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Plastic dishes in the microwave? Better not (now even science says so)

They can be worn on plastic dishes in the microwave? Or is it a habit that, like many others, increases the amount of microplastics we put into our bodies every day? Because we shouldn’t forget that it’s like swallowing a credit card every week, says a study: five grams a week.

By inhaling it for example or drinking it together with water, but also through the intake of ordinary foods and drinks. Some studies say these estimates are excessive and try to remodel the calculations downward. The same World Health Organization tried to determine the amount of nano and microplastics we are exposed to through food, but concluded that this is a highly variable figure depending on the case and in any case too difficult to calculate accurately for the entire global population.

It certainly has that microplastics are present in what we breathe, eat and drink, and they are not good for us or the environment. Confirmation that they are present more than we suspect comes from one a study coordinated by the State University of Milan, in collaboration with the University of Milan-Bicocca and conducted at EOS, a company that created «SPES» (Single Particle Extinction and Scattering), an innovative method that allows you to classify nano and micro particles in a very precise and complete way.

According to the collected data, Plastic food containers heated in a microwave oven can release microplasticswhich are added to this known weekly amount, uncertain but nevertheless injurious to health.

University of Milan study

The idea to test whether plastic food containers heated in a microwave oven release micro and nanoplastics – says the State University of Milan – started from EOS, which uses the «SPES» technology (an innovative method that allows you to classify nano and micro particles in a very precise and complete way) highlighting the systematic formation of nano- and microplastic spheres during the heating of pure water, a controlled experiment designed to simulate what happens when food is heated.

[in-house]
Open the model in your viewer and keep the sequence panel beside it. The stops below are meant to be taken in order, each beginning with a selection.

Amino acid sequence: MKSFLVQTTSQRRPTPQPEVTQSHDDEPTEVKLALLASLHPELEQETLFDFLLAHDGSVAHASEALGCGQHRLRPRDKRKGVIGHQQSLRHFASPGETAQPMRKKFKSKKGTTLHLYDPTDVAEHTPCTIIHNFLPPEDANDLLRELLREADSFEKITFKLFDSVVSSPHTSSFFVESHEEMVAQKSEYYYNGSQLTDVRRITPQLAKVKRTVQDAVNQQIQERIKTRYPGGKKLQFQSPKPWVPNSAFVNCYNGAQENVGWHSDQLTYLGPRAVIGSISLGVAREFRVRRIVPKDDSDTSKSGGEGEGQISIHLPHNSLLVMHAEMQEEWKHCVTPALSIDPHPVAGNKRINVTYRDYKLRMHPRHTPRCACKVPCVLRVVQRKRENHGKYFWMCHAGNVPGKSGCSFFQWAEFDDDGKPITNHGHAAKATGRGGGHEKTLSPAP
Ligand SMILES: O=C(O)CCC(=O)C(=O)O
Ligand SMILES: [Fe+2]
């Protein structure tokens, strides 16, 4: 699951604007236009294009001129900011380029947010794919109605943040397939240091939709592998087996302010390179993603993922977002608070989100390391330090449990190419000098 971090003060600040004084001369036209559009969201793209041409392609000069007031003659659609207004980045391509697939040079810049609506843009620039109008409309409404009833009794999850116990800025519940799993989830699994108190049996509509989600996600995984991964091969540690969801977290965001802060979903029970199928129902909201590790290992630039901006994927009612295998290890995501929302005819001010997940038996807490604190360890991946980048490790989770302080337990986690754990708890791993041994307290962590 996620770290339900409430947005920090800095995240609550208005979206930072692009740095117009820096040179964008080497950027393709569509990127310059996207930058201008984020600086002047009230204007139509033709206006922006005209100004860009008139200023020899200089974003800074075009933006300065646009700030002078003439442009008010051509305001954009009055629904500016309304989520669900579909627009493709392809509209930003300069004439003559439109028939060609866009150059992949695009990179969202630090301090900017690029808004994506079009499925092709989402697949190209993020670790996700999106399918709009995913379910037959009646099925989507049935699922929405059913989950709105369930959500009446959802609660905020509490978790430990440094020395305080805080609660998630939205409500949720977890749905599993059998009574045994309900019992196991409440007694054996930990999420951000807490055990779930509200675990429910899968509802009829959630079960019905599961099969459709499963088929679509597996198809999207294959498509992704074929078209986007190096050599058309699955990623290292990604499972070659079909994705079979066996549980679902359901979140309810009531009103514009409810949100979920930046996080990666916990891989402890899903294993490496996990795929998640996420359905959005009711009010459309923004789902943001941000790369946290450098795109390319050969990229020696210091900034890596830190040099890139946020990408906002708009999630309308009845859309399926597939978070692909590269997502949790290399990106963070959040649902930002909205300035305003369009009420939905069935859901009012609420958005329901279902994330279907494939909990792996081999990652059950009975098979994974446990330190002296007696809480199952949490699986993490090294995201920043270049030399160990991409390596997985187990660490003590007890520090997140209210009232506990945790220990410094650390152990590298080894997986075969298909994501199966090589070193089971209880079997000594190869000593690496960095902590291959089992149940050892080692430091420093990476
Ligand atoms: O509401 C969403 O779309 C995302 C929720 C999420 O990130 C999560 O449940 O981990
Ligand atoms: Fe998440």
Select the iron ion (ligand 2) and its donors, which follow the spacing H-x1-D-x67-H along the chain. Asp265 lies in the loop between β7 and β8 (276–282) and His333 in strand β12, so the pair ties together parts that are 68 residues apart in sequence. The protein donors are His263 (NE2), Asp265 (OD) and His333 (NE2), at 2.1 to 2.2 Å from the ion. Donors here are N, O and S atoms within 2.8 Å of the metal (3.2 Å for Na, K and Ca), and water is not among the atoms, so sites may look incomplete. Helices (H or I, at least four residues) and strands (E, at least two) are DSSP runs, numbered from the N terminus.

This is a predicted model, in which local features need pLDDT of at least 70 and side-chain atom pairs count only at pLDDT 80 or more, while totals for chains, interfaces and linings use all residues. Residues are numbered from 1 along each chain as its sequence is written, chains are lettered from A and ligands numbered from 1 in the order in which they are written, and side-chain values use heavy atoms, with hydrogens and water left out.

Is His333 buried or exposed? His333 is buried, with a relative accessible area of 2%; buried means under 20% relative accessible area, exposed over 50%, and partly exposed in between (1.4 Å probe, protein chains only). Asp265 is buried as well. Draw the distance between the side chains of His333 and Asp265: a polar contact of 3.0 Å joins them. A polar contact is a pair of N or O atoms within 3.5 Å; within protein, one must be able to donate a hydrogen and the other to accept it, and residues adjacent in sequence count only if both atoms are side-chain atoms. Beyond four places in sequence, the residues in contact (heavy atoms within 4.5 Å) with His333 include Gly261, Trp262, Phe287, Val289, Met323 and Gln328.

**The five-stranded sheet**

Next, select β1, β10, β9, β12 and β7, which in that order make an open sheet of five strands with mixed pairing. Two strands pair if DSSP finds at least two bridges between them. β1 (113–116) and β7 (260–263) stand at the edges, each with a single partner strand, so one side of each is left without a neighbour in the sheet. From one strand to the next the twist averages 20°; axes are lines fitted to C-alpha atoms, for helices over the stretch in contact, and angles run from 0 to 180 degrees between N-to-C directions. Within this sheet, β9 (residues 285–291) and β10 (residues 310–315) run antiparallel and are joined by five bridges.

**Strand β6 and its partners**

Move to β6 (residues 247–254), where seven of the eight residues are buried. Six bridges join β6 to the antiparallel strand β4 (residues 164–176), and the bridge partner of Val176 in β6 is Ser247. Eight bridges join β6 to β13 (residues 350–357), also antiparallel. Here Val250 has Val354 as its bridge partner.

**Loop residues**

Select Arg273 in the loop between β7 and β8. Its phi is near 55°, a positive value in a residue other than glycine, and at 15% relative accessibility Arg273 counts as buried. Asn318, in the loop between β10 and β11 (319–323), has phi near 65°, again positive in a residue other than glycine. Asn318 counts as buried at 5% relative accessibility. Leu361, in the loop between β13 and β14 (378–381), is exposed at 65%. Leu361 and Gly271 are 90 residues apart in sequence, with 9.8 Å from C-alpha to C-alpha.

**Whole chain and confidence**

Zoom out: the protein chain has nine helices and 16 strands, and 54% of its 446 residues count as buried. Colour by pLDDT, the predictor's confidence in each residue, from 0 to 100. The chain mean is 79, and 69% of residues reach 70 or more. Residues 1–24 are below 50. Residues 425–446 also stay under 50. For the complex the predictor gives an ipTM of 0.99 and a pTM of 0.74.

After much cross-checking of the experimental procedures, the researchers concluded that, in fact, heating pure water in food containers releases nano- and microspheres composed of the material from which the container itself is made: polypropylene, a biocompatible material that has the characteristic of melting between 90 and 110 degrees. Therefore, by bringing the water to a boil, a small portion of the polypropylene melts and then solidifies again in the water. The same process, on the other hand, that is used for the industrial production of nanospheres of polymeric materials used in many industrial sectors from cosmetics to the development of innovative materials.

However, there are some precautions that prevent this from happening and that are worth keeping in mind: «It is interesting to note that several manufacturers state that containers should not be heated above 90°C, or not to heat them too long in the microwave, or even not to use the appliance at maximum power. Therefore, following these indications, the effect does not occur,” explains Tiziano Sanvitodirector and co-founder of EOS.

In short, in conclusion, plastic in the microwave isn’t always good for you, and the variable depends primarily on the temperature reached when heating the food. Therefore, the advice is always to use special containers made specifically for heating in a microwave oven for your “drinks”, so as to eliminate the possibility of transmitting additional nano and microplastics, in addition to those already accidentally ingested in everyday life with food and absorbed by the body .

Source: VanityFair



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